Volume IV, Issue 17 | April 28 - May 04, 2005
Directed by Slava Tsukerman
In English and Russian, with English subtitles
Opens Apr. 29
Slava Tsukerman, on the right, the director of “Liquid Sky,” has made a documentary about Joseph Stalin’s second marriage in 1919 to Nadezhda Alliluyeva, pictured above, a 16-year-old girl who 14 years later would die in her bed of a gunshot wound to the head.
She was 16, he was 39. That’s not so unusual, but the man in this case was a rough-hewn Georgian from Tiflis named Iosif Vissarionovich Dzhugashvili, back from four years exile in Siberia just in time for the revolution—though on the great dangerous day itself, November 7, 1917 (old calendar), he was, they say, nowhere to be found.
Be that as it may, during the next three and a half decades this man, Joseph Stalin, who in 1919, having lost an earlier wife to typhus, became the husband of 16-year-old Nadezhda Alliluyeva, would become responsible for the deaths of tens of millions of human beings.
Was one of those millions she herself, that onetime child bride? And had he raped her, during a train ride, at night, before he married her? And was he in fact not only her husband but, a la John Huston in Roman Polanski’s “Chinatown,” her father?
“The devil himself knows whose daughter you are, maybe mine,” he had bellowed at her when the fury was upon him. At that, Stalin might not improbably have been one of the many revolutionaries whom Nadezhda’s mother, strong-willed, freethinking Olga Federenko, took to bed now and again. We know that Olga thought her daughter too young and Stalin too old for them to marry.
Natasha Alliluyeva probably didn’t say anything. Her prettiness, according to photographs, was of the somewhat bovine sort, and on top of that, all during her 14 years with Stalin—the remaining years of her life—she’d been “forcing herself to be dull.” She’d also had 10 abortions, plus two children, Vasili and Svetlana.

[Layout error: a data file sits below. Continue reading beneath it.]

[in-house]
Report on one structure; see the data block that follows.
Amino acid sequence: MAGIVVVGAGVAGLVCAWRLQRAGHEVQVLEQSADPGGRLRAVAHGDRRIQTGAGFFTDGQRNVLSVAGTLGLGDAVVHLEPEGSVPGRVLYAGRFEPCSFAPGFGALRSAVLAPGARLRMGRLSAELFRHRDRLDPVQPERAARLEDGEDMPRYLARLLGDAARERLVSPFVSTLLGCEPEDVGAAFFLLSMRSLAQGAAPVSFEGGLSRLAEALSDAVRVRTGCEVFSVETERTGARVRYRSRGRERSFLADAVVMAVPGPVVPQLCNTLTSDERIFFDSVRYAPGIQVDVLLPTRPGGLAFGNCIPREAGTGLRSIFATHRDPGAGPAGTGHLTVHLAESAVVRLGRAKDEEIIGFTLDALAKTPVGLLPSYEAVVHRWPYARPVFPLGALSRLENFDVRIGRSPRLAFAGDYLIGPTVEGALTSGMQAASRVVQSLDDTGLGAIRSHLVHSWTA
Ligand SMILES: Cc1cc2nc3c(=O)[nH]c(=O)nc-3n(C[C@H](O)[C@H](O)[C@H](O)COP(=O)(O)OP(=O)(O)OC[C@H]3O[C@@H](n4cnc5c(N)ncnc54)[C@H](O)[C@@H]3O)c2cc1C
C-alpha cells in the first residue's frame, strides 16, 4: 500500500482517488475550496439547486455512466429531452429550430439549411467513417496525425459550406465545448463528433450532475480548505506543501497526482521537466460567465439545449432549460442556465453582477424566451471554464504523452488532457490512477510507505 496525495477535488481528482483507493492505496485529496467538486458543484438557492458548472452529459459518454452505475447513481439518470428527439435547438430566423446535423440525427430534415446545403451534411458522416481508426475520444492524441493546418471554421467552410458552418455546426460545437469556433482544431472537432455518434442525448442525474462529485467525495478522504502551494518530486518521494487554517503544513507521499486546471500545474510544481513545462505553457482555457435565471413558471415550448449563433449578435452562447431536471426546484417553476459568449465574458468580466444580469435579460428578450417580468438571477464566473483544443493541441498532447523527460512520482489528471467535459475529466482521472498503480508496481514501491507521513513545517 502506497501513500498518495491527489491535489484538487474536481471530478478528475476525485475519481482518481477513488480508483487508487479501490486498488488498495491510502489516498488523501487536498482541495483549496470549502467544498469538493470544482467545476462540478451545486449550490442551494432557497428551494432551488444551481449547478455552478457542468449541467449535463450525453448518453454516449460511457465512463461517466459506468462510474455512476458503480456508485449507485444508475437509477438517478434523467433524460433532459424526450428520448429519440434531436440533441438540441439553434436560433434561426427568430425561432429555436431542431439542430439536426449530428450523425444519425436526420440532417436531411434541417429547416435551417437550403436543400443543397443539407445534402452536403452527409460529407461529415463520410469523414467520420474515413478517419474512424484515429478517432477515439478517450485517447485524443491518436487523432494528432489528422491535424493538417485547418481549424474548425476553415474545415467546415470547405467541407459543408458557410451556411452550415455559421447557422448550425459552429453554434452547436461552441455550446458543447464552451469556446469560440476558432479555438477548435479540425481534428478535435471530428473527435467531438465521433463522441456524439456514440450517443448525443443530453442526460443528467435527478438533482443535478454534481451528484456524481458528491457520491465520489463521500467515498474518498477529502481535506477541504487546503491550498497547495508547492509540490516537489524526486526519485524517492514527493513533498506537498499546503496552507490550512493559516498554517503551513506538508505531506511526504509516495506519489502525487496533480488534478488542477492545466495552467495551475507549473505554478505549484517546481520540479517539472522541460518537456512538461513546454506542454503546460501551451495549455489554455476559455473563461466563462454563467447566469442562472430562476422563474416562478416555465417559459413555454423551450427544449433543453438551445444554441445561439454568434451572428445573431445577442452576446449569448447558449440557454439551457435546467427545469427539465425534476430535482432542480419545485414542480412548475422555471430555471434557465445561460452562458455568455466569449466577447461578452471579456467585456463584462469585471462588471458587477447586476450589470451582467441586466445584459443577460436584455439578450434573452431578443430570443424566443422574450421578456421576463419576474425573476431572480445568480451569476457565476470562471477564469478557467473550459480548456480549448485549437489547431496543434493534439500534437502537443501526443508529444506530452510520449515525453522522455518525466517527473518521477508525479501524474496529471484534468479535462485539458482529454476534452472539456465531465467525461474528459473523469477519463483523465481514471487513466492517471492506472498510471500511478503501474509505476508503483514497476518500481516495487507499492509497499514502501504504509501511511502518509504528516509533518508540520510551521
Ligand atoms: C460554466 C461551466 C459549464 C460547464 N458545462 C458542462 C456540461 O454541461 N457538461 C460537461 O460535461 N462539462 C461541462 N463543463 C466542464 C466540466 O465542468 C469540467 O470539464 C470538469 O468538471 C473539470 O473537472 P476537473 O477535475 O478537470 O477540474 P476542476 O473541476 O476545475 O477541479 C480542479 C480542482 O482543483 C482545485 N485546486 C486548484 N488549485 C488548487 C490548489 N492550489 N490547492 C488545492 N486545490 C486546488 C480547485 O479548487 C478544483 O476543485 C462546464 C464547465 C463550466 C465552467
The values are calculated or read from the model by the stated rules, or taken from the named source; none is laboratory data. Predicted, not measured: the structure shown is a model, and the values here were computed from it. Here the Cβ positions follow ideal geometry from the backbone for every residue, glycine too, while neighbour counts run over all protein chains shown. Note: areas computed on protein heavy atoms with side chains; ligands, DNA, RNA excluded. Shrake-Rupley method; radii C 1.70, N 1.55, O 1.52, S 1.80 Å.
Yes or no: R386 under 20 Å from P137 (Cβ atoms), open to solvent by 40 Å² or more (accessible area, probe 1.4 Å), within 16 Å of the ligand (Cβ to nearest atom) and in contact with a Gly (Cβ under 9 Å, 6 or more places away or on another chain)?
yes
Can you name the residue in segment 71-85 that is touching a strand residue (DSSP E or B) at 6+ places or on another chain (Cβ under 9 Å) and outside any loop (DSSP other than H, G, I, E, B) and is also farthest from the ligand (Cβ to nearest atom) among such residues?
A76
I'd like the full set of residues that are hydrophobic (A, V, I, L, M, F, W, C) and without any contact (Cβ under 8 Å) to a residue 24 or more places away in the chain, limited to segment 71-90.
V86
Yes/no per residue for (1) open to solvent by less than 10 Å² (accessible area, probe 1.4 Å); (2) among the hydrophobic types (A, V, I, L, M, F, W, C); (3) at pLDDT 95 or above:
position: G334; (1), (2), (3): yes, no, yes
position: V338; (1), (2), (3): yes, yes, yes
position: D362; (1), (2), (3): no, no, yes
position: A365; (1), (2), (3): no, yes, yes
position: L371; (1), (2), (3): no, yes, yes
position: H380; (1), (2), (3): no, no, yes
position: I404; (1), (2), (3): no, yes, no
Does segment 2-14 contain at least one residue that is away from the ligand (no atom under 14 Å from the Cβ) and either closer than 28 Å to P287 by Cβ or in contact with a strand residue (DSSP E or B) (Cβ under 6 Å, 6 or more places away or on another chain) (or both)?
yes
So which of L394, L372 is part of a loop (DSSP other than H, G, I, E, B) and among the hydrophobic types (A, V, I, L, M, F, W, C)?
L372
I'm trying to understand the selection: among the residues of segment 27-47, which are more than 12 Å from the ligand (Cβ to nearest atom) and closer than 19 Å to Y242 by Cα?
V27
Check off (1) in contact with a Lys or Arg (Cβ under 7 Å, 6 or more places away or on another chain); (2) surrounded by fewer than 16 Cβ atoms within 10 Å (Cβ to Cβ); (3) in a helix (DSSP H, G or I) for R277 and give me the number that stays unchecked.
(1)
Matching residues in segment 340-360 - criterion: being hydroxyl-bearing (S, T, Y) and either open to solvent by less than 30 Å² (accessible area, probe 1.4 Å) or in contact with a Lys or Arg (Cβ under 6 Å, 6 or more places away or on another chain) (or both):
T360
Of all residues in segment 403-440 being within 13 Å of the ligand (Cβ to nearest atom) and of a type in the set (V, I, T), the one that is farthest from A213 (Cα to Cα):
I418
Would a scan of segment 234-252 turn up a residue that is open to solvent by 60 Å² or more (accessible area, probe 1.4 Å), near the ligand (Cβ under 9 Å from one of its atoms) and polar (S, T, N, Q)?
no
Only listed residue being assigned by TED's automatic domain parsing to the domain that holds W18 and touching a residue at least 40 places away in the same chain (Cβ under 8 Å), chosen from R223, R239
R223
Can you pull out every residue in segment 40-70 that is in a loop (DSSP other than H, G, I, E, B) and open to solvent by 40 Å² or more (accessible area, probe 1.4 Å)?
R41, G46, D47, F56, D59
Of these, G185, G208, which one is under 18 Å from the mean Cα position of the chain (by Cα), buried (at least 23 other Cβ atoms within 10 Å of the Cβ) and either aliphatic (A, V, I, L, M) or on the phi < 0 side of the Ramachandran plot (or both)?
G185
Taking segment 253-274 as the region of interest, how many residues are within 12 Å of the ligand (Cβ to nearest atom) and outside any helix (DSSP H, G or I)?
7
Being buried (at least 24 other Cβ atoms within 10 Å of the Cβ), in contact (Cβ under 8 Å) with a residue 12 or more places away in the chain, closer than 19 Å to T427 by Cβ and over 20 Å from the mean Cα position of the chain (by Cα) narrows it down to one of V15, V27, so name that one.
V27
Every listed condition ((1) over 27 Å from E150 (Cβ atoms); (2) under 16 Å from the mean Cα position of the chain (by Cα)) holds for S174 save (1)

We are told these and many other fascinating things—“truths, lies, contradictions”—in a 104-minute documentary film called “Stalin’s Wife” that opens April 29 for a week at Greenwich Village’s Quad Theater. The film was made by a man named Slava Tsukerman, who has lived just a block from the theater on 14th Street with his wife and co-producer, Nina V. Kerova, for 20 years.
Tsukerman is a short, rotund Russian Jew, who has a jovial round pink face, a round head and a cannonball crown, with a fringe of graying back hair behind the ears, like a lamp shade. Intelligence bubbles from his eyes, like champagne.
Now about those 10 abortions—
“I’ve seen the documents!” Tsukerman exclaimed. “At the Russian National Archives! Held them in my hand! In Russia,” he said with fewer exclamation marks, “many women have more than 10 abortions.”
Slava (Vladislav) Tsukerman, who got out of Russia in 1973, has only vestigial, fragmented memories—small-boy memories—of growing up under Stalin.
“He was like a god. When I was six or seven years old, I remember standing with my neighbor boy on a fifth-floor balcony. He said to me: ‘If Stalin ordered it, would you jump?’ And I said yes.”
The film opens with the profile, in stone, of a beautiful woman. It is the flattering, idealized carving over the tomb of Nadezhda Alliluyeva Stalin in Moscow’s Novodevichy Monastery cemetery.
“Her burial there is very unusual,” said Tsukerman. “Most Communist leaders are buried in the Kremlin walls. She lies surrounded by famous artists and writers. There were legends that Stalin would come at night and sit there. I think I remember that.”
The film paints a picture of the hell on earth in which Nadezhda lived with a husband who slept where he wanted to, fathered various illegitimate children, drove his son Jakov, from the first marriage, to attempted suicide and then sneered at him for botching the job (“Here’s the way you shoot yourself!”), abused and insulted the pain-wracked Nadezhda over the years, threw cigarette butts at her, raved drunkenly at her.